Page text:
The current distribution of power and wealth in Sudan is linked to the legacy of British colonialism (1898 – 1956). The British confined development projects to North Sudan and kept the South under a separate administrative status, effectively neglecting its needs. In the North, traditional and religious leaders enjoyed opportunities in a rent-based economy and in politics.
These forces took over state power after independence in 1956. The current government, which is dominated by the National Congress Party (NCP), is only the latest in a long line of regimes to defend economic and political privileges.
After independence, Sudanese politics was dominated by the riverine Arabised Muslim power bloc ("RAMP"). It tolerated the impoverishment of regions and peripheral areas far away from Khartoum, the capital city. Regional disparities and exclusion from wealth and power – whether real or perceived – led to tribal-ethnic tensions and armed rebel movements.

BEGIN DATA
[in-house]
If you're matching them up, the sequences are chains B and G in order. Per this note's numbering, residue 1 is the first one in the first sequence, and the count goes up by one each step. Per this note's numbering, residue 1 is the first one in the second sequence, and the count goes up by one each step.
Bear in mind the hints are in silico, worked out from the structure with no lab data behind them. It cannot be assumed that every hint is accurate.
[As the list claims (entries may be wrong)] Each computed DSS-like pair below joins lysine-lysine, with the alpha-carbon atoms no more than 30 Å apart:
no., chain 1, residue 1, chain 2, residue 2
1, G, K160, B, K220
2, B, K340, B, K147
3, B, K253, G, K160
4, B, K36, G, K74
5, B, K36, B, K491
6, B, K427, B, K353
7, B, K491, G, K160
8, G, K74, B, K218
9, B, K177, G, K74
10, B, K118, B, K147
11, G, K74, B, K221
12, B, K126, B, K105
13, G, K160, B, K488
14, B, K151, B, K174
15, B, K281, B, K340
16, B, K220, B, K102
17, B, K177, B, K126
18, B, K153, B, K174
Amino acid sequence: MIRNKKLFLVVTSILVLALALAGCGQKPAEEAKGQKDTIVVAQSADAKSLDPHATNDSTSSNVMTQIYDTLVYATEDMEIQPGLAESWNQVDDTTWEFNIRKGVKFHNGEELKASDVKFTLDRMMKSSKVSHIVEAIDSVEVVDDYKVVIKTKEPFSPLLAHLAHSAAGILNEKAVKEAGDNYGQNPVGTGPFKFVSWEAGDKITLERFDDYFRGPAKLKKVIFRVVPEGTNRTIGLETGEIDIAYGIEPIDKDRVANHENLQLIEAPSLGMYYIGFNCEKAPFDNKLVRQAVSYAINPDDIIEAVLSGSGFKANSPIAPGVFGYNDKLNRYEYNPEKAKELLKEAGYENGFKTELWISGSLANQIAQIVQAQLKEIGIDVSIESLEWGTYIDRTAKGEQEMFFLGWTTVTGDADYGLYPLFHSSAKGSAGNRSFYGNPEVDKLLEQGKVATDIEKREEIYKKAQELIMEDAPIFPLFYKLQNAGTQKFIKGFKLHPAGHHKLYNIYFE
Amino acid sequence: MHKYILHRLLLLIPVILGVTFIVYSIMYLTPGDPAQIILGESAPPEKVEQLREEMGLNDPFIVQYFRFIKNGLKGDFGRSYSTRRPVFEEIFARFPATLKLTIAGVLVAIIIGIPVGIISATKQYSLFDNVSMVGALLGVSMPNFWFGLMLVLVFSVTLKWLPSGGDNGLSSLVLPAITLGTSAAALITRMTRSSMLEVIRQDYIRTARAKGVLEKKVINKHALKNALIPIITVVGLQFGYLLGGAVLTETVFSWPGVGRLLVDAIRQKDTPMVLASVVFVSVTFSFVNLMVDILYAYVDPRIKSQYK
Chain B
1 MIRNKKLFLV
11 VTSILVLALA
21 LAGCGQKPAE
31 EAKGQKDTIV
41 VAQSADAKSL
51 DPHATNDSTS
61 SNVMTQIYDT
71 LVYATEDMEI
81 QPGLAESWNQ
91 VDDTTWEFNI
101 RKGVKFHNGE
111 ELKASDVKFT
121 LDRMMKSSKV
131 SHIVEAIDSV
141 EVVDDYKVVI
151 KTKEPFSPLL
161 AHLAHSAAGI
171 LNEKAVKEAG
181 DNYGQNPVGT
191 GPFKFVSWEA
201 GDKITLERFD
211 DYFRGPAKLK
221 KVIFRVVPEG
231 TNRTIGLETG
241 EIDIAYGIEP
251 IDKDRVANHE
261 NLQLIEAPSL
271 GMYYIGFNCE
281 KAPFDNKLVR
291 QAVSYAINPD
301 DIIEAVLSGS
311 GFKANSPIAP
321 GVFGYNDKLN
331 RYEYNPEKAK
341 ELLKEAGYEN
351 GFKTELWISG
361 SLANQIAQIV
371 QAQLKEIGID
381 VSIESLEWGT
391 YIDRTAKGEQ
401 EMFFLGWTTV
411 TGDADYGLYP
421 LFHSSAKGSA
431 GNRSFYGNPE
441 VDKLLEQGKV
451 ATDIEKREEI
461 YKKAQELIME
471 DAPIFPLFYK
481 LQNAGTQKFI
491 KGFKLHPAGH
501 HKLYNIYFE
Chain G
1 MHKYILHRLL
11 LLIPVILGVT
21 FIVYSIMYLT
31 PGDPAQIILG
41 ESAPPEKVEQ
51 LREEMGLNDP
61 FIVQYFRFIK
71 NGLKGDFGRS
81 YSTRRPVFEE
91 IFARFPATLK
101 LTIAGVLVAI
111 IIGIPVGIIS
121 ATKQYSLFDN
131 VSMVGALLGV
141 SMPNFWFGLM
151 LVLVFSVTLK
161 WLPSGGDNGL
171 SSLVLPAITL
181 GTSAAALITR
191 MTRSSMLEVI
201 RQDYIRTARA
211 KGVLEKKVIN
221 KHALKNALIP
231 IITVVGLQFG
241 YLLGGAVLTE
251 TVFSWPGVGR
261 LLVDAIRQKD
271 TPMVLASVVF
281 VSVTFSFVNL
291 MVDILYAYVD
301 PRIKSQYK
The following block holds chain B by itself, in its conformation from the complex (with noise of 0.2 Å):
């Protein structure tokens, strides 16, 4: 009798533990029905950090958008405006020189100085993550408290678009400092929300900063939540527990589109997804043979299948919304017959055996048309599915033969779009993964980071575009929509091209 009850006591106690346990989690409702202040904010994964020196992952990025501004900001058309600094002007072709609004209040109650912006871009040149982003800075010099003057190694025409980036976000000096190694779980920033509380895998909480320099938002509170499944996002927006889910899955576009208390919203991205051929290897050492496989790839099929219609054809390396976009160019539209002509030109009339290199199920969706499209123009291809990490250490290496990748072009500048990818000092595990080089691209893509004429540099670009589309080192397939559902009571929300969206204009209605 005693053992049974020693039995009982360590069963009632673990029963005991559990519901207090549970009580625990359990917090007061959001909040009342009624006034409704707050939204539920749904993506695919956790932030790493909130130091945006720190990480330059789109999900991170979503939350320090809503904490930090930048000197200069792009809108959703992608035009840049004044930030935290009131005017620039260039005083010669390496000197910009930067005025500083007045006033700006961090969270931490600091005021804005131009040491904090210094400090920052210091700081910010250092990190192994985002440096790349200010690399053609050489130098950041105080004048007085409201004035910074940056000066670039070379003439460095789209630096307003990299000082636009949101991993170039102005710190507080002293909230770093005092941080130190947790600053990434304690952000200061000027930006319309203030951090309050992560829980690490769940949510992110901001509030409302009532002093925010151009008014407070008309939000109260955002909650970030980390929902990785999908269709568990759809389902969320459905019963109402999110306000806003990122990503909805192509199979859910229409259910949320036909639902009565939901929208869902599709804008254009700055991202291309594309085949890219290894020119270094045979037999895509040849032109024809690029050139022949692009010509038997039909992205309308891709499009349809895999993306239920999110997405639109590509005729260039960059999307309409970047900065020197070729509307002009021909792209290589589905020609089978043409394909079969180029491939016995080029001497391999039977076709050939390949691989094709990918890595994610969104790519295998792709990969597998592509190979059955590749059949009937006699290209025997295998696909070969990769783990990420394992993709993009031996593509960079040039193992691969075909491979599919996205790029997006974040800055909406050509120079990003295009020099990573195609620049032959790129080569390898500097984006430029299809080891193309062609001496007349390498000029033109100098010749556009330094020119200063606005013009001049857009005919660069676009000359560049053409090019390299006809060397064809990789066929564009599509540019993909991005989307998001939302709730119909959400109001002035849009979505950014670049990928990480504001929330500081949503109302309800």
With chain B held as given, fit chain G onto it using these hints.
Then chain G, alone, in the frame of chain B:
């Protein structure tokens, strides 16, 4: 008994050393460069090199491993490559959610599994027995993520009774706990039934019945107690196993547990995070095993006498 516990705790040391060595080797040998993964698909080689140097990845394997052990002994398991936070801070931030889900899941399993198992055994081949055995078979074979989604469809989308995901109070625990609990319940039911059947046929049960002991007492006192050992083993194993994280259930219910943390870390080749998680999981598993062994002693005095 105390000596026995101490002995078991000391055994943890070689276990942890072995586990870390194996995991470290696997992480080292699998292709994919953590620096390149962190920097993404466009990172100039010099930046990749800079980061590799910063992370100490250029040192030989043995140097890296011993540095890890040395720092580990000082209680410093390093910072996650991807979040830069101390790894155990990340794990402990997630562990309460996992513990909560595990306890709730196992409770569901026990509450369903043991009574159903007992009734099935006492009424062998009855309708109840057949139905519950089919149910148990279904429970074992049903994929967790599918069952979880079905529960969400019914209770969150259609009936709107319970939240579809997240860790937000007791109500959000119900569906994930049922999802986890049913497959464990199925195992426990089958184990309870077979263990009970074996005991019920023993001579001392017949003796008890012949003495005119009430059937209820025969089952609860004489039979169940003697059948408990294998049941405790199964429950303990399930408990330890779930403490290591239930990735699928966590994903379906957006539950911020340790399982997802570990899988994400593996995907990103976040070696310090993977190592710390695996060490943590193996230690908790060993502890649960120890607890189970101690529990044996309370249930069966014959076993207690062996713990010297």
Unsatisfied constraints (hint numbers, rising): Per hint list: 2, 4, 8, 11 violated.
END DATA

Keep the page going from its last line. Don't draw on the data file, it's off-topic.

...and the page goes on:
Decades of strife
In 1983, civil war in South Sudan was triggered by three policy changes instigated by Jafaar Nimeiri's military government:
All summed up, the RAMP leaders wanted to perpetuate their rule over all of Sudan, and the Sudan People's Liberation Army (SPLA) resisted such efforts.
In 1985, a popular uprising overthrew the Numeiri regime. In 1988, a democratically elected government even started a peace initiative in the South. However, in 1989, the National Islamic Front (NIF) staged a military takeover, suspending the constitution and outlawing political parties. In power, the NIF started what it called a "civilisation project". The goal was to totally Islamise society.